Lyons v. SwopeAnnotate this Case
RICHARD P. LYONS, Appellant, v. WALTER SWOPE, Respondent.
Peter J. Coniglio for Appellant.
Ernest E. Emmons, Jr., for Respondent.
KAUFMAN, P. J.
The appellant filed a complaint in the Superior Court of San Mateo County invoking the equity powers of the court to set aside and vacate a default judgment made and entered against him by the Municipal Court of the Southern Judicial District of San Mateo County. This appeal [154 Cal. App. 2d 599] is taken from the trial court's action in sustaining respondent's demurrer to the complaint without leave to amend.
Appellant is an attorney at law licensed to practice in California and, in connection with a personal injury action, employed the respondent, a licensed California private investigator, pursuant to a contingent investigation agreement which provided that respondent would receive 5 per cent of the gross recovery obtained. The personal injury action was settled for $29,000, but respondent was not paid. Thereafter, respondent sued appellant in the municipal court for $1,450. Appellant was served in that action on December 10, 1954, but failed to appear. His default was entered on May 24, 1955, and a default judgment rendered against him on June 17, 1955, over six months after service had been made. Appellant then filed a motion to set aside the default judgment. This motion was denied on November 19, 1955. On March 1, 1956, the order of the municipal court denying the motion was affirmed by the appellate department of the superior court and on March 29, 1956, appellant's petition for a rehearing was denied. On March 29, 1956, appellant filed the complaint for equitable relief to which the respondent interposed a general and special demurrer. On April 19, 1956, the court heard arguments and sustained the respondent's general demurrer to appellant's complaint without leave to amend.
The contentions on appeal are as follows:
1. The trial court erred in sustaining the demurrer to the complaint without leave to amend as the complaint stated a cause of action for equitable relief on the ground of extrinsic mistake or excusable neglect.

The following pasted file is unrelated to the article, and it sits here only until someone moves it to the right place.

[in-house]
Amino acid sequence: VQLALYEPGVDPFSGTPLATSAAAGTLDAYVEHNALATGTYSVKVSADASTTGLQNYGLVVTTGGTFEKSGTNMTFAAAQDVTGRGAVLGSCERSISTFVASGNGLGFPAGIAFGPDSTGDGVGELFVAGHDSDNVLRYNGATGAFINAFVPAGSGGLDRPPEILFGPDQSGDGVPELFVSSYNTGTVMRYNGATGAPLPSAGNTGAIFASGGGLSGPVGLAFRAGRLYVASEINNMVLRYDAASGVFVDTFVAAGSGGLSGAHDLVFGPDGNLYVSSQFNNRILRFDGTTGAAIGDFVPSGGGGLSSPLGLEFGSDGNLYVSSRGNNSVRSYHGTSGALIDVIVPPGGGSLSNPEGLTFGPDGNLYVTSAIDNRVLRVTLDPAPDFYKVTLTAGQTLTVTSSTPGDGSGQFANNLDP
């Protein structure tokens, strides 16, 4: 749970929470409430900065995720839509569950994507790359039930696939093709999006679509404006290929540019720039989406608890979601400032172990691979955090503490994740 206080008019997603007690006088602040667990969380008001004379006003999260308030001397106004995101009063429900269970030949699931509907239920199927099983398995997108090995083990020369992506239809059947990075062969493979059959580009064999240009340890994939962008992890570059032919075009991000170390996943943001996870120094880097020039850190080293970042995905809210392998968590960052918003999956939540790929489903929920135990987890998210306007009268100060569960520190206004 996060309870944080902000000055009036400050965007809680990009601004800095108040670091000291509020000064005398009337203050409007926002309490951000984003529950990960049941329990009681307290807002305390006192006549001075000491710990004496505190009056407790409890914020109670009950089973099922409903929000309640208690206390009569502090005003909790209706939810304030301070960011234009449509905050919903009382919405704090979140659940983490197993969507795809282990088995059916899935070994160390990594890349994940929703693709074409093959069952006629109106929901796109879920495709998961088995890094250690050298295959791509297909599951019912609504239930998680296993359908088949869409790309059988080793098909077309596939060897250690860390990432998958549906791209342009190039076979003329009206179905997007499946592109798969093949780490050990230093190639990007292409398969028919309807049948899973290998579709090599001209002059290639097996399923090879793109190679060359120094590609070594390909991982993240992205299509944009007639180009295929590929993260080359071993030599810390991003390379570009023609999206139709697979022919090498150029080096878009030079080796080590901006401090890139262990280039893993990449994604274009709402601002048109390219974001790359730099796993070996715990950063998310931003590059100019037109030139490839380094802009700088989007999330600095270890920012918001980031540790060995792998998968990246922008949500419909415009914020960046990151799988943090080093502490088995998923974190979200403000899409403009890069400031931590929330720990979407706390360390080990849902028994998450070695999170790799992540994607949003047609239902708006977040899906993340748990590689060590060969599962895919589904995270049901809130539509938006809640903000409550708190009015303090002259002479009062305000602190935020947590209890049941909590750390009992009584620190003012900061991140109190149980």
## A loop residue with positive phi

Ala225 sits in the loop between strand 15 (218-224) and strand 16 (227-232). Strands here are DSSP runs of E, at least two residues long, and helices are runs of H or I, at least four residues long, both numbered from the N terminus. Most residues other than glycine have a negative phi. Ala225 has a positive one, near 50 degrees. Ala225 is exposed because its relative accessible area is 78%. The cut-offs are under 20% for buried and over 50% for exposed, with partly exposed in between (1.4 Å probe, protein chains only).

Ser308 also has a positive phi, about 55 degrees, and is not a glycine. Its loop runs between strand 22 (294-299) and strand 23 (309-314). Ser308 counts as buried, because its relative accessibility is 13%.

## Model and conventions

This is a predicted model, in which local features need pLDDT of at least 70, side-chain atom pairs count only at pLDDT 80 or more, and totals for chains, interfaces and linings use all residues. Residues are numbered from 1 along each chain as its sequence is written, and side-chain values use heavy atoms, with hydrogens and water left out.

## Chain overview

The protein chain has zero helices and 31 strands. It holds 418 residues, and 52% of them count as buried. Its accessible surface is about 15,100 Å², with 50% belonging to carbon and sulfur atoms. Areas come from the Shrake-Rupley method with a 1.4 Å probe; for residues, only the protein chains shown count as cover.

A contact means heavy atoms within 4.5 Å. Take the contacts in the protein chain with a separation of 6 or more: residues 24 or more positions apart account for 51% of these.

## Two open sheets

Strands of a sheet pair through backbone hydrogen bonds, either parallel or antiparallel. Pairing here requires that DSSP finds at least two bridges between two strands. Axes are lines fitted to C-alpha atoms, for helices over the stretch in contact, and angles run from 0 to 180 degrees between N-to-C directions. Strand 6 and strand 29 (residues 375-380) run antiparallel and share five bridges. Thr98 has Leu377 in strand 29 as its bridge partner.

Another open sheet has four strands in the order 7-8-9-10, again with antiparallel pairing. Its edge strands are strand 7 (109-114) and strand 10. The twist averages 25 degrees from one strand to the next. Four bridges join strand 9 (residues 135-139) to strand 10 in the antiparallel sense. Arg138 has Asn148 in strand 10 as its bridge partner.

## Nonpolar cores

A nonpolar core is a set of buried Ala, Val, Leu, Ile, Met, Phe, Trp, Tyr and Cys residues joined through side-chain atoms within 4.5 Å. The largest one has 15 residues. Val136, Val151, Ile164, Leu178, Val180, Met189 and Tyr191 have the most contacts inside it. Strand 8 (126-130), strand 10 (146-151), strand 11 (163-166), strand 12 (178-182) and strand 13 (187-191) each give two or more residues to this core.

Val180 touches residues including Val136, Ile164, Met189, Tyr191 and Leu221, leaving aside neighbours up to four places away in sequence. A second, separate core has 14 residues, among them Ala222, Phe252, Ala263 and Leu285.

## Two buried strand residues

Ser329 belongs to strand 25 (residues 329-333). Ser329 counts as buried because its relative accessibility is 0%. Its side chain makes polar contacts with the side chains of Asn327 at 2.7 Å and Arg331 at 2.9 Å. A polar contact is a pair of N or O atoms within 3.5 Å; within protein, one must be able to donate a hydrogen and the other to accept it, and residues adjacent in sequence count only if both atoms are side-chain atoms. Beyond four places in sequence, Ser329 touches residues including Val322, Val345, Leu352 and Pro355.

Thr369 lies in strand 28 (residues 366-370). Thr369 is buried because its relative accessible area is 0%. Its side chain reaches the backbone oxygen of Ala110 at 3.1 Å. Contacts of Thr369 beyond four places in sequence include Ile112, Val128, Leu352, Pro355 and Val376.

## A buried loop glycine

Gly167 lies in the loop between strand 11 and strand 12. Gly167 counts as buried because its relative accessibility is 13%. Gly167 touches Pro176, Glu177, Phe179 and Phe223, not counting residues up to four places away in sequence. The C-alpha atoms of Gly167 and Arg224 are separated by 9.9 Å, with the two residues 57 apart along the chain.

2. The contingent investigation agreement was illegal and in violation of rule 3 of Professional Conduct of the State Bar of California.
Appellant's grounds for equitable relief as set forth in Paragraph VIII of the complaint are the following:
(1) At the time of service appellant was engaged in an eight-day trial.
(2) Appellant was City Attorney of South San Francisco and had to give priority to city work over his other legal work.
(3) Shortly after he was served, appellant developed a virus influenza which prevented him from working evenings in his office and, because of the duties of his office, he was unable to prepare and file an answer to the respondent's complaint.
(4) Other extenuating circumstances, such as vacations of [154 Cal. App. 2d 600] secretarial help and the demands of the city council, which prevented him from filing an answer.
 We do not think the above recite sufficient grounds for equitable relief. It only appears that appellant was busy with other legal work. Pressure of legal business is not sufficient to invoke Code of Civil Procedure, section 473. (Dow v. Ross, 90 Cal. 562 [27 P. 409].)  His illness was not a disabling one as he was able to continue with his other legal work. In Jeffords v. Young, 98 Cal. App. 400 [277 P. 163], relied upon by the appellant, the illness of counsel resulted in his death.  In Smith v. Busniewski, 115 Cal. App. 2d 124 at 127 [251 P.2d 697], the court pointed out, "It is well settled that equity will relieve an injured party from the effect of a judgment procured by extrinsic fraud, mistake or excusable neglect which was not the result of negligence or laches on the part of the complainant."
 (a) In Hallet v. Slaughter, 22 Cal. 2d 552 [140 P.2d 3], relied upon by the appellant for the proposition that he is entitled to equitable relief if his negligence in no way prejudiced the opposite party, the court said at 557: " '... At most, it was a question of fact for the court below to determine whether or not the lack of vigilance on the part of the plaintiff was such as would not have occurred with a man of ordinary care and prudence, under the same circumstances. That court has decided the question in favor of the plaintiff, and we are satisfied with its conclusion.' " Here we are satisfied with the lower court's conclusion that the complaint on its face demonstrates that the default judgment was not obtained by extrinsic fraud, mistake and accident. The other cases cited by appellant are not relevant here. See Levinson v. Bank of America, 126 Cal. App. 2d 122 [271 P.2d 632], as being here in point.
 (b) There is also no merit in appellant's second contention as no fee splitting was involved, and in Cain v. Burns, 131 Cal. App. 2d 439 [280 P.2d 888], it was held that the prohibition of rule 3 applied to the attorney and not the investigator.
In view of the foregoing the judgment of the trial court finds support in the record before us.
Dooling, J., concurred.